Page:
The states that have signed partnership agreements with the IRS thus far are Arizona, Arkansas, California, Colorado, Connecticut, Hawaii, Idaho, Kentucky, Louisiana, Maine, Massachusetts, Michigan, Minnesota, Nebraska, New Hampshire, New Jersey, New York, North Dakota, Ohio, Oklahoma, Rhode Island, South Carolina, South Dakota, Texas, Utah, Vermont, Virginia, Washington and Wisconsin.

Links here and here.


U.S. Supreme Court justices have indicated that they may uphold tax breaks offered by dozens of states on municipal bonds. Observers have suggested the alternative would cause colossal disruption in the $2.5 trillion muni bond market if the court chose to overturn the practice.

Ruling in the case of the Department of Revenue of Kentucky vs. Davis, the court must reach a conclusion as to whether Kentucky can allow tax breaks on interest from municipal bonds sold within its borders, while taxing interest earned on bonds sold in other states. Chief Justice John Roberts announced, “This is an area where Congress can regulate if it wants to, and it has never shown the slightest interest in interfering with state tax exemptions for their own bonds.”

Justice John Paul Stevens reportedly responded, “The victims under your approach are the 49 other states, and all of them seem to support your opponent,” a reference to a court brief filed by the 49 states in support of Kentucky.

Justice Anthony Kennedy reportedly commented, “All states want to protect their residents and make it look like they are doing something for their residents. And that is exactly the purpose of commerce clause prohibition against explicit discrimination, which is what this is.”

Justice David Souter hinted at worries about the impact that reversing such a widespread practice would have, concluding, “We have an enormous market, the effect of interrupting which we really, as a court, cannot tell very much, and that seems to me a very good reason to give the nod to Kentucky.”

Link here.


The Canadian government is facing a NAFTA (North American Free Trade Agreement) challenge by two American trust investors over its controversial decision last year to slap a tax on distributions made by income trusts. Their Notice of Intent to Submit a Claim to Arbitration under NAFTA is based on Finance Minister Jim Flaherty’s announcement on October 31, 2006 of plans to eliminate the tax advantages then enjoyed by income trusts compared with companies, as part of the Conservative government’s “Tax Fairness Plan”.

The action has been brought by Chicago couple, Marvin and Elaine Gottlieb, who allege that the Canadian government discriminated against Americans when they imposed the new measures, in breach of the terms of NAFTA. “We are the first Americans to launch a NAFTA action related to the taxation of energy trusts,” Marvin Gottlieb said in a statement announcing his intent to submit an arbitration claim.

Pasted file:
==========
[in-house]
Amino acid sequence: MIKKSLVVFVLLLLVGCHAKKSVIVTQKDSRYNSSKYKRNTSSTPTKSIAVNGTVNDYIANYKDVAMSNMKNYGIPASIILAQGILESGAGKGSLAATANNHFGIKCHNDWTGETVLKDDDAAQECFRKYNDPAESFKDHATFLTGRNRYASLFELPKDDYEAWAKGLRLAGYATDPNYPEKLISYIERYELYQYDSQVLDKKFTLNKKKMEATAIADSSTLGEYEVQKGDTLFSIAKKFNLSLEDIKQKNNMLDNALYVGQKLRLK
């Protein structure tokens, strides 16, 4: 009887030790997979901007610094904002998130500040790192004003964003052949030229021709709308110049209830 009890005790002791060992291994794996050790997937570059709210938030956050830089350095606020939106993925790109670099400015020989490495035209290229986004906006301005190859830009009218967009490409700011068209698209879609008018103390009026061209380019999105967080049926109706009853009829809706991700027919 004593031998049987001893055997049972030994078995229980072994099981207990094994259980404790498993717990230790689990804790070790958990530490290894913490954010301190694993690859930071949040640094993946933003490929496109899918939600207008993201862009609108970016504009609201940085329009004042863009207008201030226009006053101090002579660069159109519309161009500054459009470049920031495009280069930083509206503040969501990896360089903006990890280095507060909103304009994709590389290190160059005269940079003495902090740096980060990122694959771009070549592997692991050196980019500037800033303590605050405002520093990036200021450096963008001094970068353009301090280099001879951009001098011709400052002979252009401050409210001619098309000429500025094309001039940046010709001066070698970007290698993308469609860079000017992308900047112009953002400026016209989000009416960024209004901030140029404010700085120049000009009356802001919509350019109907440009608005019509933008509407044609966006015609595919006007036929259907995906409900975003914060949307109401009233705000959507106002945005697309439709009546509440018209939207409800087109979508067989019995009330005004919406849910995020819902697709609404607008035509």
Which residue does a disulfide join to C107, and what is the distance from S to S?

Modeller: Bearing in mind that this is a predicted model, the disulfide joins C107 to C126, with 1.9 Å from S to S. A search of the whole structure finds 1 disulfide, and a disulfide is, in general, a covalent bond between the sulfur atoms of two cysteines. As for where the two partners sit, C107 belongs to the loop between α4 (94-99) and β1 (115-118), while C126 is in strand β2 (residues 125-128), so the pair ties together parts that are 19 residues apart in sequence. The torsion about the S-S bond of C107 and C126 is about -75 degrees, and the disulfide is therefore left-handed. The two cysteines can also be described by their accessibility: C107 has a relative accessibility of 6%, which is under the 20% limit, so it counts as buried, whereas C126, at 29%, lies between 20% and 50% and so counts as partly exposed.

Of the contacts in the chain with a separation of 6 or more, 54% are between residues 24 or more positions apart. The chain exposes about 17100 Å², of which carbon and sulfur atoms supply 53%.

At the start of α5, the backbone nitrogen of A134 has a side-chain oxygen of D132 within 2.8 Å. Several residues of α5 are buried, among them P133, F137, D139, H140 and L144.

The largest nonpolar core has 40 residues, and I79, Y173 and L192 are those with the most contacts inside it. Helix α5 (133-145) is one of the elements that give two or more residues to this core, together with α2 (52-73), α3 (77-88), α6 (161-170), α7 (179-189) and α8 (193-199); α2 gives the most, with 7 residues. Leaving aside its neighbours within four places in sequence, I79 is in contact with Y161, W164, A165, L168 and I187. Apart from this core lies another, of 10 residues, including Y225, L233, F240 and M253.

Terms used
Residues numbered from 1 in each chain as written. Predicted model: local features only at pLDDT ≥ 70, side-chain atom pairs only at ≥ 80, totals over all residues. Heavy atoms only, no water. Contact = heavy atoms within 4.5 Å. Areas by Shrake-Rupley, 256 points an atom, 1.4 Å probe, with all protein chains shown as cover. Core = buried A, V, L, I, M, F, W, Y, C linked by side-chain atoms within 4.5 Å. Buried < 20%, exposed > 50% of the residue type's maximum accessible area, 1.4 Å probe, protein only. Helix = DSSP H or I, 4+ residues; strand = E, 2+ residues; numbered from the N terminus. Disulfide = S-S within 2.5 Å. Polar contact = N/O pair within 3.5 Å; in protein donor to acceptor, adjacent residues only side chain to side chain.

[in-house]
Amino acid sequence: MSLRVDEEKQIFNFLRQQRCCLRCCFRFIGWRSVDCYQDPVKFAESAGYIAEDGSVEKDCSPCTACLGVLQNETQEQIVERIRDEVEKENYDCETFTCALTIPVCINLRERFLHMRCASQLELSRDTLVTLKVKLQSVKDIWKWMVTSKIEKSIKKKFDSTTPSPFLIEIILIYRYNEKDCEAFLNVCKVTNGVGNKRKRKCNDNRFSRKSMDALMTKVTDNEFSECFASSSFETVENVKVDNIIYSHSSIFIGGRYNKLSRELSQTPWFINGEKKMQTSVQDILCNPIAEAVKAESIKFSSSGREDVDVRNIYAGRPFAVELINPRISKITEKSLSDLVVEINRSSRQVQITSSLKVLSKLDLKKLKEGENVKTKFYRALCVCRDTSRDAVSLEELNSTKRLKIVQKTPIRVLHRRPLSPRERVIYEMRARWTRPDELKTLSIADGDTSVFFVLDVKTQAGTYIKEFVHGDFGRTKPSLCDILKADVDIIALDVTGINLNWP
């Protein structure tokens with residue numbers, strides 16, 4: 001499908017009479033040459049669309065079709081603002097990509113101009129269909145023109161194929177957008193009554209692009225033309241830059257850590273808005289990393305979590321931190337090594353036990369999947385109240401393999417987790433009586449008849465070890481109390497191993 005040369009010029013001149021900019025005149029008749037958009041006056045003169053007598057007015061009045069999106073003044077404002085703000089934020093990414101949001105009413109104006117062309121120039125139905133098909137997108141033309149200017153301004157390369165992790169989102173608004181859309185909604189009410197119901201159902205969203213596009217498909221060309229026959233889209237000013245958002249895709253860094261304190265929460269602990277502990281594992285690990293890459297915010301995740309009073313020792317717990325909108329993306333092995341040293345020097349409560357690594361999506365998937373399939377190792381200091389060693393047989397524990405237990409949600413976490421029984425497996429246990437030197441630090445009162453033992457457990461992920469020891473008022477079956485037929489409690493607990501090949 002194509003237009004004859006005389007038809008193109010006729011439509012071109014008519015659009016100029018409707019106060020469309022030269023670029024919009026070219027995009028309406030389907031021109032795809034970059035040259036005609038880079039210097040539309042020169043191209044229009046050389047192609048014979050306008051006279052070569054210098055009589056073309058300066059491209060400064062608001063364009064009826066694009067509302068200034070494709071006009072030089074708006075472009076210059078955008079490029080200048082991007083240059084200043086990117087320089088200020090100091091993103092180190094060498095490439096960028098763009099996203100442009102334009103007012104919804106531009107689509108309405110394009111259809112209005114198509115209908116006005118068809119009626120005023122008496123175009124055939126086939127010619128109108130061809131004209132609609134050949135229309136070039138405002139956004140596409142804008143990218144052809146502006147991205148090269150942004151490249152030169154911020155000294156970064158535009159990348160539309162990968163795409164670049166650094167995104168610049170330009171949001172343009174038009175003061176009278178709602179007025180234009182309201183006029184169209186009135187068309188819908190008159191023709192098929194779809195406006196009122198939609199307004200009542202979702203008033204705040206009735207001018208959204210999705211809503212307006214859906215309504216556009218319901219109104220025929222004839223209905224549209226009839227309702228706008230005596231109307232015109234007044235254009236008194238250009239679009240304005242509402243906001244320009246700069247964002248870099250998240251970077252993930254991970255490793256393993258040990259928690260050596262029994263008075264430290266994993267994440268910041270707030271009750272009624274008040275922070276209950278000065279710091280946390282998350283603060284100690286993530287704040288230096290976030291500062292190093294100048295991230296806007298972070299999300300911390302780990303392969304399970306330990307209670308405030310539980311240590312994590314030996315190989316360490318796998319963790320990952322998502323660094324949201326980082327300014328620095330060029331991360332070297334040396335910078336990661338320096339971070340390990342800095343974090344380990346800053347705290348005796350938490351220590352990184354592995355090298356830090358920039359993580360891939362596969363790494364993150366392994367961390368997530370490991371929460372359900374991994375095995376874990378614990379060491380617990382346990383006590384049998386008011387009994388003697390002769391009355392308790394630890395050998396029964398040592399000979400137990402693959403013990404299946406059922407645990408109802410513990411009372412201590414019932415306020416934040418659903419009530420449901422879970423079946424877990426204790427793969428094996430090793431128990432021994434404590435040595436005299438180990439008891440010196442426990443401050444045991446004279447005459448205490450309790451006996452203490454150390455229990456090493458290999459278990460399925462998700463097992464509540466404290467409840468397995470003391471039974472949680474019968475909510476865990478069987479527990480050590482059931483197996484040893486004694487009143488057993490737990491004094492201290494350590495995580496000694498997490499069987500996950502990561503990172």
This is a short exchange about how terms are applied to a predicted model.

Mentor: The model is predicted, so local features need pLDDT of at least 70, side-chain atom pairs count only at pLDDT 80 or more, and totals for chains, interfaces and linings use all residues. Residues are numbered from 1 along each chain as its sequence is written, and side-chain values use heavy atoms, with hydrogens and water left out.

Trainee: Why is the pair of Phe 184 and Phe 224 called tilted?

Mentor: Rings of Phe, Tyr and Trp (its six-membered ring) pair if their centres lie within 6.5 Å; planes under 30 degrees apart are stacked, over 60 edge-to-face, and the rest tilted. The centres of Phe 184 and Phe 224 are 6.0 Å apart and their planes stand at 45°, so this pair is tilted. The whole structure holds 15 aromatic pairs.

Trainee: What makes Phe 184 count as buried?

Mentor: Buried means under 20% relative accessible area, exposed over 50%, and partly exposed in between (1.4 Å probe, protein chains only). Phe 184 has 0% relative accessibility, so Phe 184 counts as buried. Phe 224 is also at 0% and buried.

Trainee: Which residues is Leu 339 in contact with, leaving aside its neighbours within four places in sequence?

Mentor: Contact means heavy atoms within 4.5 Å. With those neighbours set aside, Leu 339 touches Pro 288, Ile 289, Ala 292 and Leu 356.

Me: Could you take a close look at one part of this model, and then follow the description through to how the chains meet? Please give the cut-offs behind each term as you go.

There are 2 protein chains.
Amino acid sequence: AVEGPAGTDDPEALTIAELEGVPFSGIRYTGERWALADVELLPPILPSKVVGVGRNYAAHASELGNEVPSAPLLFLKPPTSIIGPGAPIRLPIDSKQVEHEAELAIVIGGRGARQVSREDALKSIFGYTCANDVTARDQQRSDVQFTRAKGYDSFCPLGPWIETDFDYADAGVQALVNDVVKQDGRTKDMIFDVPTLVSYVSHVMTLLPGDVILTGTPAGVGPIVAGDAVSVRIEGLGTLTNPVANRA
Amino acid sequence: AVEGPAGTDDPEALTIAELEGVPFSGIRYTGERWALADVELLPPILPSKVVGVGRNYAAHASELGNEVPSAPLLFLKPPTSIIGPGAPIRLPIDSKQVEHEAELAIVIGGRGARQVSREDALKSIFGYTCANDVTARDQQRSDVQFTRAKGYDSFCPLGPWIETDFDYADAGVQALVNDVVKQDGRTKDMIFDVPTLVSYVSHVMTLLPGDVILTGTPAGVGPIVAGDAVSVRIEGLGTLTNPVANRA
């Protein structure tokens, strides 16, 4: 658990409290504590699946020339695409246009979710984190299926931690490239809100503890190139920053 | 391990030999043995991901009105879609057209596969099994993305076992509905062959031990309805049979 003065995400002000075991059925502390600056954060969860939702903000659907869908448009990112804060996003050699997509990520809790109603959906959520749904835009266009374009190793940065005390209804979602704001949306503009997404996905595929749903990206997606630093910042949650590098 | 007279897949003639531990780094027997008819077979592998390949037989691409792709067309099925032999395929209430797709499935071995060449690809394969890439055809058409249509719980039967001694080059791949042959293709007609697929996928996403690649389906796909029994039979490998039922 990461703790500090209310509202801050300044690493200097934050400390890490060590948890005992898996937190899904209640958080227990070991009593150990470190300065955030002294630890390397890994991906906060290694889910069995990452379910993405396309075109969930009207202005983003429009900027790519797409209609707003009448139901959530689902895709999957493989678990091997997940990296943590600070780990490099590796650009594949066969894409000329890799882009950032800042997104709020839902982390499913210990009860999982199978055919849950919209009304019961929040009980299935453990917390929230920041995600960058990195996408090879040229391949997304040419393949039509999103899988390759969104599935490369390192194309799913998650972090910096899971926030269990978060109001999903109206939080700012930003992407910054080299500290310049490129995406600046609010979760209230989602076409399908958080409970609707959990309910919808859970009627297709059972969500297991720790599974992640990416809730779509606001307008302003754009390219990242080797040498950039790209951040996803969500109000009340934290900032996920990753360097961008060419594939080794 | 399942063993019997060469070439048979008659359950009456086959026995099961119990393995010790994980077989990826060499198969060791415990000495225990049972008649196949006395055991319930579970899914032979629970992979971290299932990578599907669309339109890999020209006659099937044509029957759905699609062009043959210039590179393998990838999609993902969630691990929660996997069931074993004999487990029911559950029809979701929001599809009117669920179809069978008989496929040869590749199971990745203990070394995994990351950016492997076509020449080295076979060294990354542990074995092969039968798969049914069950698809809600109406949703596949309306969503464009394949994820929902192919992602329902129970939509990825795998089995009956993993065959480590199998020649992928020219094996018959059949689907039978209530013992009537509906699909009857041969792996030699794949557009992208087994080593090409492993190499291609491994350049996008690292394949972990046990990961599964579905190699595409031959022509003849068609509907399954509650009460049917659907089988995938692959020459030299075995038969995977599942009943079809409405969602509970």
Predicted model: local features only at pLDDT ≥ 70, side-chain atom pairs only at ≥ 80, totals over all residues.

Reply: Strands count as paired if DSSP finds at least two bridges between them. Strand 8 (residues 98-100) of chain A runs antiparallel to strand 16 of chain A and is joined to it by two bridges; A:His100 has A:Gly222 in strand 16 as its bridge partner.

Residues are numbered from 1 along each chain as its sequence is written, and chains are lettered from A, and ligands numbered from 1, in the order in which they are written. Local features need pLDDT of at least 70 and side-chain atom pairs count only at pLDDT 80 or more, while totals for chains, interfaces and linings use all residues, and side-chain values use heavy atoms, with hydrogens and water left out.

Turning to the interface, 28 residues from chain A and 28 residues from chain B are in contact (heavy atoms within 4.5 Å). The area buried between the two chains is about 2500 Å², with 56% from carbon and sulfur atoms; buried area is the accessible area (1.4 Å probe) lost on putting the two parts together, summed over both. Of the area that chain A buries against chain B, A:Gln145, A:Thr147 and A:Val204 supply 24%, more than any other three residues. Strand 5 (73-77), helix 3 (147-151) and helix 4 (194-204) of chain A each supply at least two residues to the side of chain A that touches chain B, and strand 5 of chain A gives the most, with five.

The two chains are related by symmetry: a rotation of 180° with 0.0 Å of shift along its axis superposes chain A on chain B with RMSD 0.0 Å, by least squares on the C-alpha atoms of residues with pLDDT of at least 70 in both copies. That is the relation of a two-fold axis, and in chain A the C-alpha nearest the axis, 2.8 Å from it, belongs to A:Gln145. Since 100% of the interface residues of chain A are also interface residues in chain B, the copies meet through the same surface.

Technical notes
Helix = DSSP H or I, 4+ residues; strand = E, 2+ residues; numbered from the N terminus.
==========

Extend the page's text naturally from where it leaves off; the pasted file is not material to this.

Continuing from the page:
The income trust distribution tax, which was devised largely without consultation and announced without warning, caused consternation in Canada’s business and investment sector. While companies that had converted to trusts before the announcement have until 2011 before the new tax regime comes into force, new conversions immediately fall under the new regime, and several corporations with well-advanced plans towards converting to trust status have been forced to rethink their strategies.

Mr. Flaherty says the tax is designed to tackle a “growing trend toward corporate tax avoidance” caused by the vehicle’s more favorable tax treatment – income trusts do not pay corporate tax – compared with the more conventional company structures

A Toronto-based trade specialist informed Canada’s National Post that the claim has little chance of succeeding, because the NAFTA excludes investment disputes over taxation except where there is clear discrimination against investors in a certain member country. “None of that exists here. The government’s income trust measures apply across the board,” said Lawrence Herman, a lawyer at Cassels Brock law firm. “When you have to go through complex legal gymnastics to make out a case, as here, I think you are in for a rough ride before any arbitration panel. ... The NAFTA landscape is littered with the wrecks of these kinds of Chapter 11 investment claims that didn’t go anywhere.”

Link here.


Unanimous approval requirement makes such a possibility less likely.

At the recent annual dinner of the ICAI in Ireland, Vincent Sheridan, President, said that membership of the ICAI now exceeded 16,000, and took the opportunity to launch another salvo at the growing consensus in favor of a Common Consolidated European tax base.